Whilst in the Indian Ocean there is a full-on duel between the Spanish and the new Zealanders, members of the shore crews and the organisation, some 20 people in all, are awaiting the imminent arrival of the boats. Horacio, Technical Director of Team Telefónica is one of them and he's been organising the arrival of the Spanish entry alongside Alex, the shore crew Boat Captain.
This isn't a leg finish, as the leg officially finishes in Abu Dhabi. There will be no families, no crowds and celebrations, nor quayside greetings. They won't be able to take anything off the boats with them nor will the shore crew be able to carry out any repairs. However, there will be fruit and a cold beer.
The crew will have to help with the loading of the yacht onto the ship. They'll also need to furl up all of sails, put away any gear and anything else inside the boat, but nothing must come off and they'll have to start again afterwards.
“We have to have everything ready for when the boat gets here and crosses the finishing line – the barriers, the lines and the rest”, explained Carabelli. “Once they are across the finishing line the crew have to go through immigration and then the boat will be ready to begin the whole loading process.” How long that immigration process will actually take is a mystery as it depends on the actual time the boat finishes.
In any case, as the Technical Director of the Spanish boat explains: “We've already got the cradles prepared and loaded onto a big boat.” From there the cradles will be loaded onto the heavy ship that will transport the boats to Sharjah, where the leg will restart.
Loading “Telefónica” and the rest of the yachts onto a cargo ship is by no means a common procedure. Not only is it not a usual procedure, but it's also very tricky. Even simply saying the the yachts will be loaded with their masts still in place. “We have to lean the mast to one side, get the boat up onto her cradle and secure her in steadily all on the heavy ship itself. Our main aim is to do all that without damaging the boat because we won't have time in Abu Dhabi to carry out any repairs and to train as we'll only have three days or so to do some sailing. Any damage now would mean a big setback on the second stretch of the leg”, said Carabelli.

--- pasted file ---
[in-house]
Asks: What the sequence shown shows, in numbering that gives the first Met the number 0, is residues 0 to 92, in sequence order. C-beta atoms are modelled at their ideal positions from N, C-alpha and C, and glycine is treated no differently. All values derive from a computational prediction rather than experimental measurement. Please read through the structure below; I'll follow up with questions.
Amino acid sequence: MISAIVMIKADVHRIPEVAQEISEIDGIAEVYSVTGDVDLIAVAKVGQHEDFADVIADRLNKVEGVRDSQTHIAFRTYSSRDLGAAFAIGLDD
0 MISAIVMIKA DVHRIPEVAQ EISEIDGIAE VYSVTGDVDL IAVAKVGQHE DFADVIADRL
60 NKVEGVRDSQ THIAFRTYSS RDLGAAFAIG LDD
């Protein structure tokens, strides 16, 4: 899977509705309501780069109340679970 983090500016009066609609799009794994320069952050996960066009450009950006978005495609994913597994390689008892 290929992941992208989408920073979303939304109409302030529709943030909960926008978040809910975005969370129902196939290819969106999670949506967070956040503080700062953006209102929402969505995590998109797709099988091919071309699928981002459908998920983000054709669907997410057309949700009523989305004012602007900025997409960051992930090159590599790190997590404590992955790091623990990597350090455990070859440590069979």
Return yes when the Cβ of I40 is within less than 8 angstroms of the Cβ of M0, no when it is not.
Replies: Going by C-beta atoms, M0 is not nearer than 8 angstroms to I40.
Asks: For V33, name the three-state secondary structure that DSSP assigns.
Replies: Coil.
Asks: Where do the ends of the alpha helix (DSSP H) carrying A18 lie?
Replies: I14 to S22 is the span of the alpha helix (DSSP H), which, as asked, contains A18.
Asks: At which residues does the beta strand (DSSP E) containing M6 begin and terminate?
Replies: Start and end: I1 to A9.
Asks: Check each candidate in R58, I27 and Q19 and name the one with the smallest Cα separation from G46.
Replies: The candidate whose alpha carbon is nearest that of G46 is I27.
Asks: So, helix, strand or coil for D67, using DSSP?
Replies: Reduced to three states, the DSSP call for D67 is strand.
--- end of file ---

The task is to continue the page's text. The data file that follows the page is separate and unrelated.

However, that's no causing too much worry: “We work with this sort of thing with these boats all the time. We get them out of the water and we carry out lots of manoeuvres to to be able to do everything correctly... We're not nervous but it is true to say that we don't do this sort of loading all of the time..”, he admits.
Once the process is over and the boat us securely loaded onto the heavy ship, the shore crew will be able to leave 'Point A', with most of them heading straight to Abu Dhabi, except for two. Some seven days later off the Sharjah coast “we'll put the boats back on the water and three hours after that the leg will resume”, says Carabelli.
PROVISIONAL RANKINGS LEG 2
CAPE TOWN (SOUTH AFRICA) – ABU DHABI (UAE): 5,430 miles
Day 15 – 16:00 GMT – 26th December 2011
1 Team Telefónica (Iker Martínez).
2 Camper with Emirates Team New Zealand (Chris Nicholson), +0.0 miles
3 Puma Ocean Racing (Ken Read), +52 miles
4 Groupama Sailing Team (Franck Cammas), +77.5miles
5 Abu Dhabi Ocean Racing (Ian Walker), +118 miles
Team Sanya (Mike Sanderson), racing suspended
PROVISIONAL OVERALL STANDINGS. Volvo Ocean Race 2011-2012.
1. Team Telefónica (Iker Martínez), 37 points
2. Camper with Emirates Team New Zealand (Chris Nicholson), 34 points
3. Groupama Sailing Team (Franck Cammas), 24 points
4. Abu Dhabi Ocean Racing (Ian Walker), 9 points
5. Puma powered by Berg (Ken Read), 9 points
6. Team Sanya (Mike Sanderson), 4 points